Maier Ben Himelstaub

Leading Aircraftmen, 2 B.F.T.S.
Service number 1383614
Died 13 February 1942
Buried Lancaster Cemetery, California
Age 21

Maier was born on 17 Jul 1920 in Warsaw, Poland to Abram and Perla nee Birnbaum and he had a younger brother Israel who was born in 1933. The family changed their surname to Shahak whilst living in Nazi occupied Poland. Maier managed to escape Poland to join the RAF.

Life in occupied Poland forced Perla to pay a Roman Catholic family to hide Israel, whom they returned when she could no longer afford to pay them. In 1943, the Nazis sent the Shahak family to the Poniatowa concentration camp where his father died. Perla and Israel managed to escape from the camp, and returned to Warsaw; yet, within a year, the Nazis recaptured Israel and his mother, and imprisoned them in the Bergen-Belsen concentration camp where they survived for 2 years, until the camp and its inmates were liberated in 1945 by the British Army. As displaced persons they managed to emigrate to Tel-Aviv where twelve-year-old Israel worked, studied and supported his mother, whose health had deteriorated in Bergen-Belsen. Upon graduation from school Israel served in the IDF and after his military service he gained a doctorate in chemistry.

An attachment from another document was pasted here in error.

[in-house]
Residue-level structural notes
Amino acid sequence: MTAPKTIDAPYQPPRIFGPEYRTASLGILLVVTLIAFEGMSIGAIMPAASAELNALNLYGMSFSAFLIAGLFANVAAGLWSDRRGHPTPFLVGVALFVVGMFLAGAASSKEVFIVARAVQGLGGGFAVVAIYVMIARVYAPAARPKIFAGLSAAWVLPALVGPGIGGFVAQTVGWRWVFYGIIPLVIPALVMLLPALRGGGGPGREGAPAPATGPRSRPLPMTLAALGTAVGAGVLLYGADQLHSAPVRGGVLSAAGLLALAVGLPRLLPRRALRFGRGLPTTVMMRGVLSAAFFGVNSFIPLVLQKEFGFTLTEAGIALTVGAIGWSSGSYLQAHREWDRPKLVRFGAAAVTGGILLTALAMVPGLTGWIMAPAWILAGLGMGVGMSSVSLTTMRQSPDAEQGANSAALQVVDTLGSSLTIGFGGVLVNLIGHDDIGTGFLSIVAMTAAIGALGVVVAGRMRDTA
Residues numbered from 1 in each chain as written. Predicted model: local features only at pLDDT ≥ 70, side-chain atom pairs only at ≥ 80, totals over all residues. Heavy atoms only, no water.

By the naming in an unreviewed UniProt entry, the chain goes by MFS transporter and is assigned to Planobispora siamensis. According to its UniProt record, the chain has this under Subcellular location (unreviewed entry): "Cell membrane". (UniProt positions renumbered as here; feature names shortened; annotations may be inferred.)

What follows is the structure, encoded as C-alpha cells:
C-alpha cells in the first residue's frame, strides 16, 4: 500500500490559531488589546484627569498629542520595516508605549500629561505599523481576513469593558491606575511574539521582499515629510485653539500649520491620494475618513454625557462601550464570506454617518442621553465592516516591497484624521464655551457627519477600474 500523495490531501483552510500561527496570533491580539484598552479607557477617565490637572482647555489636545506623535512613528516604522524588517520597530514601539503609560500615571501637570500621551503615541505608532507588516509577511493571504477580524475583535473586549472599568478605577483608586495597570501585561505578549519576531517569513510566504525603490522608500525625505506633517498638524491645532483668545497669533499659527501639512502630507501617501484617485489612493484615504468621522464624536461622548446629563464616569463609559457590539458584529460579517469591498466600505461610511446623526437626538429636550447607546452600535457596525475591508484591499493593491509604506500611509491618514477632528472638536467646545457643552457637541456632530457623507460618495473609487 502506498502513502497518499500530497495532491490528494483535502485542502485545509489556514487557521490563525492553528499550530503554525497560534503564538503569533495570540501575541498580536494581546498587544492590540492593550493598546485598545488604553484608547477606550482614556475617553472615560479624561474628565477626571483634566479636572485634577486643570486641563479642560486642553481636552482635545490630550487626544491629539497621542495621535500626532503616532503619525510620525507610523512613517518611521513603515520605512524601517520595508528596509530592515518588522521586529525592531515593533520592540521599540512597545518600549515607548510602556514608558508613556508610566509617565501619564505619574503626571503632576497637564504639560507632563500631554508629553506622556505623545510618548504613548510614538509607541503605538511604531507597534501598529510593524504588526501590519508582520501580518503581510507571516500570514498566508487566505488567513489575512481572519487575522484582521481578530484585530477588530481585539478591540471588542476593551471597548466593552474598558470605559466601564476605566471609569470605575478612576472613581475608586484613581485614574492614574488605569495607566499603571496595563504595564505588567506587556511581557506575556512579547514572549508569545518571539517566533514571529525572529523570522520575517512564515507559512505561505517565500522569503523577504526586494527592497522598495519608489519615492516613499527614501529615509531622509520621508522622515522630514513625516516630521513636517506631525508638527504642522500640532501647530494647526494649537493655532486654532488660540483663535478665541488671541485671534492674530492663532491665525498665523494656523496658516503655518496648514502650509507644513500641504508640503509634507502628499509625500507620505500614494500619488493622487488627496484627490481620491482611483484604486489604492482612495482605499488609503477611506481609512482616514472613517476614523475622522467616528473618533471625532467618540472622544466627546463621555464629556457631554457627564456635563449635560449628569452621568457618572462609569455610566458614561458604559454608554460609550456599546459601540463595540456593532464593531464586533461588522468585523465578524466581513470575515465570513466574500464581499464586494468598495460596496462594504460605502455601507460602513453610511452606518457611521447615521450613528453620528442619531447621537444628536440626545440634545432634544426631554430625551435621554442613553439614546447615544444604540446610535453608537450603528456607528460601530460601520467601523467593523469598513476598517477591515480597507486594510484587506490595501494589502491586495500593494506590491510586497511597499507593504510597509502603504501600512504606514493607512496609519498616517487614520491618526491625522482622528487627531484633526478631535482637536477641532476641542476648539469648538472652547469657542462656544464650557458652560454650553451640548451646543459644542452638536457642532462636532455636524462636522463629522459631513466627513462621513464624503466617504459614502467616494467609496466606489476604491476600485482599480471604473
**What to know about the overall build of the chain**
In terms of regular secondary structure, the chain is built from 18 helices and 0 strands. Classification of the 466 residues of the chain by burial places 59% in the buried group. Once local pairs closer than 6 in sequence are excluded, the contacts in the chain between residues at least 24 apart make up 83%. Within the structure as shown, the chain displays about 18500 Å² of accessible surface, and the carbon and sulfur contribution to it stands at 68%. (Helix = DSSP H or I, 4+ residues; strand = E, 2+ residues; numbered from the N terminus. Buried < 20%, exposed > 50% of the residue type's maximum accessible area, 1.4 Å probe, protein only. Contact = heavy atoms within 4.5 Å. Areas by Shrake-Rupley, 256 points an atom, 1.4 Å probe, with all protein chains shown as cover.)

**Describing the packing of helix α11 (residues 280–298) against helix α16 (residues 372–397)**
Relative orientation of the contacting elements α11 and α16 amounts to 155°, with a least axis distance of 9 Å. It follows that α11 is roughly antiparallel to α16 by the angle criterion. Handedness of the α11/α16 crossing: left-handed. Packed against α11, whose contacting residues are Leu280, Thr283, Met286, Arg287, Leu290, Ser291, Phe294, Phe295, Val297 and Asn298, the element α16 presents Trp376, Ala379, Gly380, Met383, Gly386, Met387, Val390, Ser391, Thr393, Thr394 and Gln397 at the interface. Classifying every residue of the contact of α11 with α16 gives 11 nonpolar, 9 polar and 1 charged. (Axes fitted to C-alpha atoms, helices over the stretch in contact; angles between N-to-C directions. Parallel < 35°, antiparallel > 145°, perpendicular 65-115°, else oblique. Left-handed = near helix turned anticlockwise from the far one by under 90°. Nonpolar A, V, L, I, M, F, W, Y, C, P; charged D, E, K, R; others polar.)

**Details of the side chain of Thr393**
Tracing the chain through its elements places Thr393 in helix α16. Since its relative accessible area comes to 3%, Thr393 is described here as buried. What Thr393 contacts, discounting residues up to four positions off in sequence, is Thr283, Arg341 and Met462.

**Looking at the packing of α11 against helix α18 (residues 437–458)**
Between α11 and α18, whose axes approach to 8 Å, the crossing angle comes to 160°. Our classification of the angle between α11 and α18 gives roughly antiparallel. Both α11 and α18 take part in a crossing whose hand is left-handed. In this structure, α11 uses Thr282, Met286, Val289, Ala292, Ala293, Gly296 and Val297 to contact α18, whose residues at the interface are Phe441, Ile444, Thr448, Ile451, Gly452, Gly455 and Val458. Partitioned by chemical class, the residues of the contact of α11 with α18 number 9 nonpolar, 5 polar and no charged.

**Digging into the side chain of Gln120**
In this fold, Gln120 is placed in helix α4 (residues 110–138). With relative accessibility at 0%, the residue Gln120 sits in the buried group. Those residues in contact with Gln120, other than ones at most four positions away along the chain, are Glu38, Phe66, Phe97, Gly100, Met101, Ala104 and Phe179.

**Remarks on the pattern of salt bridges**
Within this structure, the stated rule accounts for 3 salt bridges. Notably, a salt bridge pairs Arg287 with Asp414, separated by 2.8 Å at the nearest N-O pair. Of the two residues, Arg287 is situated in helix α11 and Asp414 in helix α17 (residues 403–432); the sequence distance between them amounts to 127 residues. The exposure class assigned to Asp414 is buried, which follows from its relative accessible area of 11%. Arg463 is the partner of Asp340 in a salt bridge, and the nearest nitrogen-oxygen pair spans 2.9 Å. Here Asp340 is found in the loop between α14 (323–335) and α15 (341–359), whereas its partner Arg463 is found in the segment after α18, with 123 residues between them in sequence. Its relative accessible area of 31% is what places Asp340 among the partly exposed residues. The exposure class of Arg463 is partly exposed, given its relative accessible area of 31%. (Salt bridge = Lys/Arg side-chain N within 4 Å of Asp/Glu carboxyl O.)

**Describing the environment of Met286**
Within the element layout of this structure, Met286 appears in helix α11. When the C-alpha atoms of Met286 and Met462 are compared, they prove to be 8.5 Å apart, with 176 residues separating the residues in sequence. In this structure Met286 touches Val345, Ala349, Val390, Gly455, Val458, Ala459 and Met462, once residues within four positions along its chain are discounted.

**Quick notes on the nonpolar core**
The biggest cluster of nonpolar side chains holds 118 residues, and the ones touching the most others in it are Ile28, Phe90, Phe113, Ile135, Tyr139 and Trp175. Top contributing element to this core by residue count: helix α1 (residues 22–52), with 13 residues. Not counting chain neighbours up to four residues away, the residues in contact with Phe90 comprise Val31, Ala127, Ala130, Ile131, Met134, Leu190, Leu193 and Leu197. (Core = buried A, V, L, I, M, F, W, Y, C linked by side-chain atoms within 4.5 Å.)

Maier was training to be a pilot at the Polaris Flight Academy in California.

‘On 13 February 1942, No 2 B.F.T.S. experienced high winds and limited visibility due to snow flurries. Striding across the flight line and with head down British student M.B. Himelstaub walked into the propeller of a taxiing AT-6 and died instantly.’ Tom Killebrew: The Royal Airforce in American Skies.

The Ledger Gazette newspaper reported, ‘at the funeral, Himelstaub’s casket was draped with the Union Jack and his flying helmet and goggles placed inside. Band members from Antelope Valley High School played in the procession. His headstone simply reads, “For King and Country,” and bears the Star of David for his Jewish heritage’.